Always maintain a distance of at least 100yds/91m from bears and 25yds/23m from other wildlife.
Jenny Lake Ranger Station
Jenny Lake Ranger Station was originally the homestead cabin of Lee Manges. The building was built by Lee Manges in 1925. It was turned into the park's first ranger station and museum in 1930.
The Jenny Lake Ranger Station is home to the Jenny Lake Climbing Rangers. If you are planning to climb, overnight camp, or head out on a strenuous adventure you will want to check into the ranger station first.
A permit is required for all overnight stays in the Grand Teton backcountry. All permits for climbing must be picked up from the Jenny Lake Ranger Station during the summer.
A boating permit is required for all motorized or non-motorized used in Grand Teton. The Jenny Lake Ranger Station is cash only.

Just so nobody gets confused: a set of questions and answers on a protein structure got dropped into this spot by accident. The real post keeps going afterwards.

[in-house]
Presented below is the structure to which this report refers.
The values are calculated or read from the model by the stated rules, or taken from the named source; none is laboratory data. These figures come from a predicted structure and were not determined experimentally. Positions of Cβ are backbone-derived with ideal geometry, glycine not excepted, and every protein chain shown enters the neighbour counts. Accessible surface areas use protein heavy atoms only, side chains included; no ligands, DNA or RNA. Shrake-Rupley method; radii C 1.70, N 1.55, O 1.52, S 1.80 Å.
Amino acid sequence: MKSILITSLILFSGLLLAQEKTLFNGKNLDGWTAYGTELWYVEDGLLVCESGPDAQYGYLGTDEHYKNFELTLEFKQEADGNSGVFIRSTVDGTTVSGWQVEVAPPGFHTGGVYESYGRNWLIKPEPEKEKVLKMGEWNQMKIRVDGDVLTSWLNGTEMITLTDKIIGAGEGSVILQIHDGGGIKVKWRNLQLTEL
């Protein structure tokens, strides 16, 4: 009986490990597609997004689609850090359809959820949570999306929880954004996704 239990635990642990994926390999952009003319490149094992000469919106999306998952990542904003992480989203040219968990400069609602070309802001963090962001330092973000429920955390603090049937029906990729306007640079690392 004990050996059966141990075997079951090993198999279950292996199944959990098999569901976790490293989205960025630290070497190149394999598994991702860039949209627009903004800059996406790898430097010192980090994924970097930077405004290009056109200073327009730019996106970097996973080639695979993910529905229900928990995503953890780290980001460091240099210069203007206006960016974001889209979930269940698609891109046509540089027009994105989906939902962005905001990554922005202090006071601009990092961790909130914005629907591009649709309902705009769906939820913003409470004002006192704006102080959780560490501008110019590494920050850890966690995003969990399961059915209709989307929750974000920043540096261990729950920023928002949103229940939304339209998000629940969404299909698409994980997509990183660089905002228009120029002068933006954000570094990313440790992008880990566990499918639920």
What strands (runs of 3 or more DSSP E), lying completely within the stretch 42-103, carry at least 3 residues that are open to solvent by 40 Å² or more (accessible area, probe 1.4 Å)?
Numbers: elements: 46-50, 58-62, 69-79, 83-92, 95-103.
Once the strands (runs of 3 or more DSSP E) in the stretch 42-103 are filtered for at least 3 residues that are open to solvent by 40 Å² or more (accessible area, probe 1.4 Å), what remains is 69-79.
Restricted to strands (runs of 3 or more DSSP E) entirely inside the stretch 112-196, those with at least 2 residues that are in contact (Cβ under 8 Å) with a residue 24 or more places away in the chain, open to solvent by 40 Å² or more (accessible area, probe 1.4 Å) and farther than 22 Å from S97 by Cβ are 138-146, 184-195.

The Ranger Station is late spring through early fall.
What to bring with you
Camera and Lenses - You will want to have a zoom lens for wildlife, a wide-angle lens to get the Teton range and lake in the photo, and a tripod.
Dress in layers - It can be really windy on the lake and super cold. Dressing in layers will make your lake experience so much better.
How did Jenny Lake get its name?
The name Jenny Lake dates back to the Hayden Expedition of 1872 when Jenny Leigh, Shoshone Indian wife of Richard "Beaver Dick" Leigh, assisted the expedition.
Jenny Lake Campground - Jenny Lake Campground does not allow trailers, campers, or generators. The site is for tents only. Vehicles cannot be over 8-feet high or 14 feet long.
Jenny Lake Lodge
Check out all of the Grand Teton Lodging opportunities.
Things to know
The road from Moose to Jenny Lake is closed in the winter.
National Park Service Website - https://www.nps.gov/grte/index.htm
Additional Grand Teton NP Resources
Grand Teton Lodging Guide - including Jackson Lake Lodge, Signal Mountain Lodge, Jenny Lake Lodge, and more.
Check out all of the great National Parks in Wyoming along with neighboring Colorado National Parks, Idaho National Parks, National Parks in Utah, Nevada National Parks, Arizona National Parks, and New Mexico National Parks.